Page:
Sacral Lateral Branch RF Ablation Effective for Sacroiliac Joint Complex Pain

Evidence suggests that radiofrequency ablation of the sacral lateral branches may provide relief for pain that originates from the posterior sacroiliac joint complex.

Evidence suggests that radiofrequency ablation (RFA) of the sacral lateral branches may provide relief for pain that originates from the posterior sacroiliac joint complex, according to a narrative review published in PM&R.

However, the researchers noted that current evidence is limited by variability in patient selection criteria, the nature of the nerves targeted for ablation, and the types/techniques of RFA technology used.

The researchers searched PubMed and Google Scholar through June 2018 for publications in which the use of sacral lateral branch blocks (SLBB) was examined for the diagnosis of sacroiliac pain and the effectiveness of sacral lateral branch RFA (SLBRFA) for treatment of sacroiliac joint (SIJ) pain was investigated. They identified 32 studies of SLBRFA for the treatment of posterior sacroiliac complex pain, including 4 explanatory clinical trials, 4 pragmatic clinical trials, and 24 observational studies. Of the 24 observational studies, 16 and 8 were retrospective and prospective studies, respectively.

Treatment targets varied across studies, from the L4 medial branch nerve and/or L5 dorsal ramus, to the sacral lateral branches, and the articular portion of the joint. In addition, the studies used a range of RFA technologies, including conventional monopolar RFA, conventional bipolar RFA, and cooled RFA. Most studies used fluoroscopic guidance, but two studies used computed tomography guidance and another used endoscopy.

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In 1 explanatory randomized controlled study, cooled RFA was compared with sham treatment. At 3 months, 12% of participants in the sham group reported >50% relief of their index pain compared with 47% in the RFA group (P =.01). In another study that also compared cooled RFA and sham treatment, 79% of patients in the RFA group reported >50% relief of index pain compared with 14% in the sham group (P ≤.01).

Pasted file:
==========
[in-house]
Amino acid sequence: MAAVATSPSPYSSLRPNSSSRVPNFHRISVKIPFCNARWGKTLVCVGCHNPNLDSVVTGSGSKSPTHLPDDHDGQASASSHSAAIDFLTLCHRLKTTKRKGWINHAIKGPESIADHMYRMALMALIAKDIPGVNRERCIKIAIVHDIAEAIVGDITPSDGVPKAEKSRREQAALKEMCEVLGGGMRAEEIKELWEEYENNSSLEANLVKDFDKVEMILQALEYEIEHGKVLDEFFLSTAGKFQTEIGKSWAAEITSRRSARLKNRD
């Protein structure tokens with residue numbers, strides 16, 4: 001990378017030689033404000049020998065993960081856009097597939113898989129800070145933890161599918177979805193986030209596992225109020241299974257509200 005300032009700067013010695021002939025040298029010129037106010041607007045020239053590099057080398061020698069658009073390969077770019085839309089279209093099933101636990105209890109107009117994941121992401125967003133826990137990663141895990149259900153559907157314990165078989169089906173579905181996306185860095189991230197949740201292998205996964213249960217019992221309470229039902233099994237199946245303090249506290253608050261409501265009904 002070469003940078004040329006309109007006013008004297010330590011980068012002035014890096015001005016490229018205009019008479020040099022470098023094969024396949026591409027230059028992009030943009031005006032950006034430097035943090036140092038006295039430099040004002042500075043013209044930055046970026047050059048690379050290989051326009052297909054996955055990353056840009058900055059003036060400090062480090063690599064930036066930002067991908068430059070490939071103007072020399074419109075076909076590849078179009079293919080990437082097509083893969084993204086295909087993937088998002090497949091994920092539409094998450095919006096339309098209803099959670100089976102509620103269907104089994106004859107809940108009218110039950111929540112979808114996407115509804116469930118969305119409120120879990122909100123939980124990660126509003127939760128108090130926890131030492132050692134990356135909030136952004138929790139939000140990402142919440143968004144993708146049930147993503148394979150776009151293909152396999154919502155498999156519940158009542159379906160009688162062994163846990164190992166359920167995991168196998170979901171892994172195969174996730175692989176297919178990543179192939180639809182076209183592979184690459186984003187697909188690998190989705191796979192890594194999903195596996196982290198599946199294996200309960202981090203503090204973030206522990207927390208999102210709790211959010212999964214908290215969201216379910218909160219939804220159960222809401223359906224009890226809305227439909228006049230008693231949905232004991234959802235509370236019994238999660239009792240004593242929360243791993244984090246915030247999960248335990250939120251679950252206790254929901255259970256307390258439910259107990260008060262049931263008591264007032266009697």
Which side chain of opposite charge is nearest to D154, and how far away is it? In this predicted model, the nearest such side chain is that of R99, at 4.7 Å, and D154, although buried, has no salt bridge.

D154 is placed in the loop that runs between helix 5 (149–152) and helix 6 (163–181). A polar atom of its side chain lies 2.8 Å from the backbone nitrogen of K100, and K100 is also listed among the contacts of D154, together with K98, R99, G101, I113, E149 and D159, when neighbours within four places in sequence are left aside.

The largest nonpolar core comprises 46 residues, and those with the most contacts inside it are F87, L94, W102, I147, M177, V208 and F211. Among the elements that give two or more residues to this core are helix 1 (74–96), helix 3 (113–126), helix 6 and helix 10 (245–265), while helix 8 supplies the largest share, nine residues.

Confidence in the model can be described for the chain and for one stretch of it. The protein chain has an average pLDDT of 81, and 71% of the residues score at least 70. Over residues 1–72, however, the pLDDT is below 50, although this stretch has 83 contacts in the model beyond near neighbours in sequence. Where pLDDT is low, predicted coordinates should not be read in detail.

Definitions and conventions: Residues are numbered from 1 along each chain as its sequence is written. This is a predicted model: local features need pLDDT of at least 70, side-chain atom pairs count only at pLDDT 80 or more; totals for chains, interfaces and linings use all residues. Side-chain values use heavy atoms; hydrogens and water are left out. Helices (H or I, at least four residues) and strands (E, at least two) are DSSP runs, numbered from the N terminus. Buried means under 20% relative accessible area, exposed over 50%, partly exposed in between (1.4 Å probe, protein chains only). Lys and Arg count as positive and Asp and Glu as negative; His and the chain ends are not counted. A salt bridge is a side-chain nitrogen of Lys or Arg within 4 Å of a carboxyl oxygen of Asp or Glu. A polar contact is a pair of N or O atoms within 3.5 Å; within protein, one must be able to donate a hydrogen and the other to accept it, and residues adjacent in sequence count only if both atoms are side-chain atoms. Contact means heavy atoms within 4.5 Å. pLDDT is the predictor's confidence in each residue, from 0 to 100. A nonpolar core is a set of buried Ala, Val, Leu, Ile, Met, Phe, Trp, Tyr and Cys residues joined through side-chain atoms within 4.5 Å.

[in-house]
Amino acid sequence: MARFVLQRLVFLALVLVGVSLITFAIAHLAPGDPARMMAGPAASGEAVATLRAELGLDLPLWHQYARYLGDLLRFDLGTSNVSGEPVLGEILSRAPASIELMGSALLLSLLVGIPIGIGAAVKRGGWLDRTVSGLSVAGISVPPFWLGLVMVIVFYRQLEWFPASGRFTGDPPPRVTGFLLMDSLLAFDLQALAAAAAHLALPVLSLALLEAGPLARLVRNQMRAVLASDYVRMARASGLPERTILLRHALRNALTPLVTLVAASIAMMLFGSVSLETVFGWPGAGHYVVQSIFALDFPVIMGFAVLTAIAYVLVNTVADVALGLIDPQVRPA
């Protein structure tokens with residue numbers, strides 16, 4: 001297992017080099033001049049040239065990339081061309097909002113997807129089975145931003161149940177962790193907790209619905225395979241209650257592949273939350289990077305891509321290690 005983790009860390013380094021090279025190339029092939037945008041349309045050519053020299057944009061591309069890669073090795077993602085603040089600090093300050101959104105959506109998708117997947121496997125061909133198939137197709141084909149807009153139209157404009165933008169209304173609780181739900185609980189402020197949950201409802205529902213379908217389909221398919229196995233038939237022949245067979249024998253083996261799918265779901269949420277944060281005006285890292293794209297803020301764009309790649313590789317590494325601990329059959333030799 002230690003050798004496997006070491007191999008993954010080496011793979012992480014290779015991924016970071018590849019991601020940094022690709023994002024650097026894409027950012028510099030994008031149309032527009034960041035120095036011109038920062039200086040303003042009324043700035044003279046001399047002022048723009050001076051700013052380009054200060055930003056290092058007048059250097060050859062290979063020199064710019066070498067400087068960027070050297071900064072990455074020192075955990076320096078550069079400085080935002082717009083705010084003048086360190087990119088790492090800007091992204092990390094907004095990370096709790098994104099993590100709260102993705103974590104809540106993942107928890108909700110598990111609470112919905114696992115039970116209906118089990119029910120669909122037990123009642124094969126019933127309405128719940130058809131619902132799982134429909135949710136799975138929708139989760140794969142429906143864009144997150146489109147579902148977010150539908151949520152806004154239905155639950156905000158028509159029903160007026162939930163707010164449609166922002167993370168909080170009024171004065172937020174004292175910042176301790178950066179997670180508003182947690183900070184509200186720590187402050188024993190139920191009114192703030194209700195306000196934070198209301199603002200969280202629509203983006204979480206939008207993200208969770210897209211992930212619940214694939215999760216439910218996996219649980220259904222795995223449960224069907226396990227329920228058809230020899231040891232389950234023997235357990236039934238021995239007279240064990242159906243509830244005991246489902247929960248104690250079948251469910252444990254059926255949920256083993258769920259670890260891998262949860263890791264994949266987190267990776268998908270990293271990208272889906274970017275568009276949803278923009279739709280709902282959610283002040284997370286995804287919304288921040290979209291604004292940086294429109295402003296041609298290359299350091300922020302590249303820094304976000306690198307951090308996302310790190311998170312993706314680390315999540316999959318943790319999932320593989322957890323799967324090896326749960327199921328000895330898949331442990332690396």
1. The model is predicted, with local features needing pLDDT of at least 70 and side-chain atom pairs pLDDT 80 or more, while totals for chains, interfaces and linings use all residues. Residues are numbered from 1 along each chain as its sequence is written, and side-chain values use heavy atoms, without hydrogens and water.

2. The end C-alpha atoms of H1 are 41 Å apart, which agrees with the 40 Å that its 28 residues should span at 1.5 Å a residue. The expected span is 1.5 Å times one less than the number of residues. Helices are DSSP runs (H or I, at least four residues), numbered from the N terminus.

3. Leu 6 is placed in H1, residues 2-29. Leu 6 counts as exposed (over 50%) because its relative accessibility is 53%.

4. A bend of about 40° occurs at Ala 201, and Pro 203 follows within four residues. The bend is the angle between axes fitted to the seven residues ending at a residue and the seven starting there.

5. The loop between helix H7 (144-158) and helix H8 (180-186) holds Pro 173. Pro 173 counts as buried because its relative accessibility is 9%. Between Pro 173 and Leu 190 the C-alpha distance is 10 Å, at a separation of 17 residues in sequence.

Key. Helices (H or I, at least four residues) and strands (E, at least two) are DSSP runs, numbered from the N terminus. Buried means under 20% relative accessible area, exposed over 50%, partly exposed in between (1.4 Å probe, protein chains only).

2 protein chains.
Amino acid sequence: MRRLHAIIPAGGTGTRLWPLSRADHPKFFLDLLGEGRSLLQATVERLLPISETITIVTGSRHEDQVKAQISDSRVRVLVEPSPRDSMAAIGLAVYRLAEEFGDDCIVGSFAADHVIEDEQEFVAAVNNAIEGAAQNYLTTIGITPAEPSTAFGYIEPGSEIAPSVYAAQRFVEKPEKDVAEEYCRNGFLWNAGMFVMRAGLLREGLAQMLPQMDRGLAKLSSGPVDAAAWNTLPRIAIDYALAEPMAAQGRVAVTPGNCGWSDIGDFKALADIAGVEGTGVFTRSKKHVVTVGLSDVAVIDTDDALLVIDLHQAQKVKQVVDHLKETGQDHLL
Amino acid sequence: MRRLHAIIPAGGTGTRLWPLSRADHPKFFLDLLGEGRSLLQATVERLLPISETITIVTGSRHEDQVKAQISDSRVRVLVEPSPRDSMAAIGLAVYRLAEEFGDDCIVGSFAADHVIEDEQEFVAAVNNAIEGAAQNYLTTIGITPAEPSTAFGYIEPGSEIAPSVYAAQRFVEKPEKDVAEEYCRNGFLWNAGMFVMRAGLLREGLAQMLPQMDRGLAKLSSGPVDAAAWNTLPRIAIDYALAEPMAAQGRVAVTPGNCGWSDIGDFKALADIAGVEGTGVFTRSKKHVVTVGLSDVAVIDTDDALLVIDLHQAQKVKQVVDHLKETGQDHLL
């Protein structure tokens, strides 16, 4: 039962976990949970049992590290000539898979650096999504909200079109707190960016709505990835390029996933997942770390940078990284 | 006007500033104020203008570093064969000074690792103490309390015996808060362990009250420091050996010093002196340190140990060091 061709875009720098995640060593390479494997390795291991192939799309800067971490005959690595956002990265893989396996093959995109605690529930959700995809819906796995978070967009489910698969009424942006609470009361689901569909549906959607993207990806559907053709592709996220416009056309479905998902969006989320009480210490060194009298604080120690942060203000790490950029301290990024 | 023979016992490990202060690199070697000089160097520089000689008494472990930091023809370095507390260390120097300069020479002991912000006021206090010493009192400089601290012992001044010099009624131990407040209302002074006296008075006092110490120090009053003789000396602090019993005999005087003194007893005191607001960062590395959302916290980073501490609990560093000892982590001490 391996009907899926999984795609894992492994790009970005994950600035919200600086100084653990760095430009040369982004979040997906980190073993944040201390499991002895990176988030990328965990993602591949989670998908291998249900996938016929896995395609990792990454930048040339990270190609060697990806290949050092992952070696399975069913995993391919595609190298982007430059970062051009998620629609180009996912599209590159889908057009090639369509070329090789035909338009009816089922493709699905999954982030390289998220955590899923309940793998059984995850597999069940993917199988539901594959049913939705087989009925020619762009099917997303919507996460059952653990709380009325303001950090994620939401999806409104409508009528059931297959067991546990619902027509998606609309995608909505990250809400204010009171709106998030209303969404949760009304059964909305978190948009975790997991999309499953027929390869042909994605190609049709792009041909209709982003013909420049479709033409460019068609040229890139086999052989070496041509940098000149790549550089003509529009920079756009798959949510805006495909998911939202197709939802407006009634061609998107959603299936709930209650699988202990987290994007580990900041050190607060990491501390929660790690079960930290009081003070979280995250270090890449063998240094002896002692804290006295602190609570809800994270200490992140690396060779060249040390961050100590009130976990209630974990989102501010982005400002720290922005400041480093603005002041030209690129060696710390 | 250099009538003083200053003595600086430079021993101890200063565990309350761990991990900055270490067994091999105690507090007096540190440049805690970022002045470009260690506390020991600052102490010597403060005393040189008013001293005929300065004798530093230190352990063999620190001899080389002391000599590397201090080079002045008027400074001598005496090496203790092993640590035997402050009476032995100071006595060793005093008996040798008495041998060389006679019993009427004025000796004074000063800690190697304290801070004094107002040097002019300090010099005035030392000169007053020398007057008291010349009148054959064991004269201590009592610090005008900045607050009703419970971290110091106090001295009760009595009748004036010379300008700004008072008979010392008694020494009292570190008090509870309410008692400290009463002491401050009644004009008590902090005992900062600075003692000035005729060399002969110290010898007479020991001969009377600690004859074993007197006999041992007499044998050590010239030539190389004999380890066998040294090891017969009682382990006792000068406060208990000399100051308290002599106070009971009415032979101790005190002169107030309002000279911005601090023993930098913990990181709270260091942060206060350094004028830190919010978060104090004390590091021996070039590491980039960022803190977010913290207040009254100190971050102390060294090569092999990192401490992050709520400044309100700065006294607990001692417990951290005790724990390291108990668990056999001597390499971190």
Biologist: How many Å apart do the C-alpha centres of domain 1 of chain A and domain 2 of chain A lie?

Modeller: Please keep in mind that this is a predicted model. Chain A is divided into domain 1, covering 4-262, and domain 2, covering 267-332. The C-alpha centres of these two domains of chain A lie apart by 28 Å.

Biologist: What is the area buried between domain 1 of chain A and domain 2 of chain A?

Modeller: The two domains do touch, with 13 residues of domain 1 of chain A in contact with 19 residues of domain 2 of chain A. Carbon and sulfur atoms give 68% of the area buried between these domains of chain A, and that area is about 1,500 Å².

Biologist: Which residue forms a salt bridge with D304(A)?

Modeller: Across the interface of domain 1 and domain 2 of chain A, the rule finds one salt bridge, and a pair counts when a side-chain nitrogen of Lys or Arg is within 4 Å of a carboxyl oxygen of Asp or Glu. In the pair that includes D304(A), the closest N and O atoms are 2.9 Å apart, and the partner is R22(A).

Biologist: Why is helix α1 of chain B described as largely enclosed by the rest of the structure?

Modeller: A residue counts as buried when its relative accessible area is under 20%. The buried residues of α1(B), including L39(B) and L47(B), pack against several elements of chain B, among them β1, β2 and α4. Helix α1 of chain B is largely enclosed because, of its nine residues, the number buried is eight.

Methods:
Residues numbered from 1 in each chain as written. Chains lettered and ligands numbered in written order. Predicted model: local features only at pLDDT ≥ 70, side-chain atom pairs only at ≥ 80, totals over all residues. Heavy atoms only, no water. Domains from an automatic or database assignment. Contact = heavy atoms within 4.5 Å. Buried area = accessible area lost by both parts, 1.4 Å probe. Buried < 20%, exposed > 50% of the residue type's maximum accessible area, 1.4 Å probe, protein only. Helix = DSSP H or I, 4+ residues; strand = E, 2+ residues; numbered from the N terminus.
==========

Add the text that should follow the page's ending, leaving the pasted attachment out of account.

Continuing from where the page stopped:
In a pragmatic randomized controlled study, participants were randomly assigned to receive monopolar conventional RFA or intra-articular corticosteroid injection using fluoroscopic guidance. At 1 month, 20% of participants administered corticosteroids reported >50% reduction in index pain. In participants treated with RFA, 73%, 60%, and 53% reported >50% reduction of index pain at 1, 3, and 6  months, respectively.

In another pragmatic randomized controlled study, participants with low back pain underwent RFA plus a standardized exercise program or a standardized exercise program alone. The minimal clinically important difference was defined as a numeric pain scale improvement of ≥2 points or >30%. A total of 41% of participants in the RFA group achieved success compared with 26% of patients in the exercise-only group.

“Explanatory (sham-controlled) clinical trials on SLBRFA using rigorous selection criteria such as dual multisite, multi-depth blocks are clearly needed to ascertain the true value of this procedure,” noted the researchers.

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Yang AJ, McCormick ZL, Zheng PZ, et al. Radiofrequency ablation for posterior sacroiliac joint complex pain: a narrative review. [published online June 6, 2019]. PM R. doi:10.1002/pmrj.12200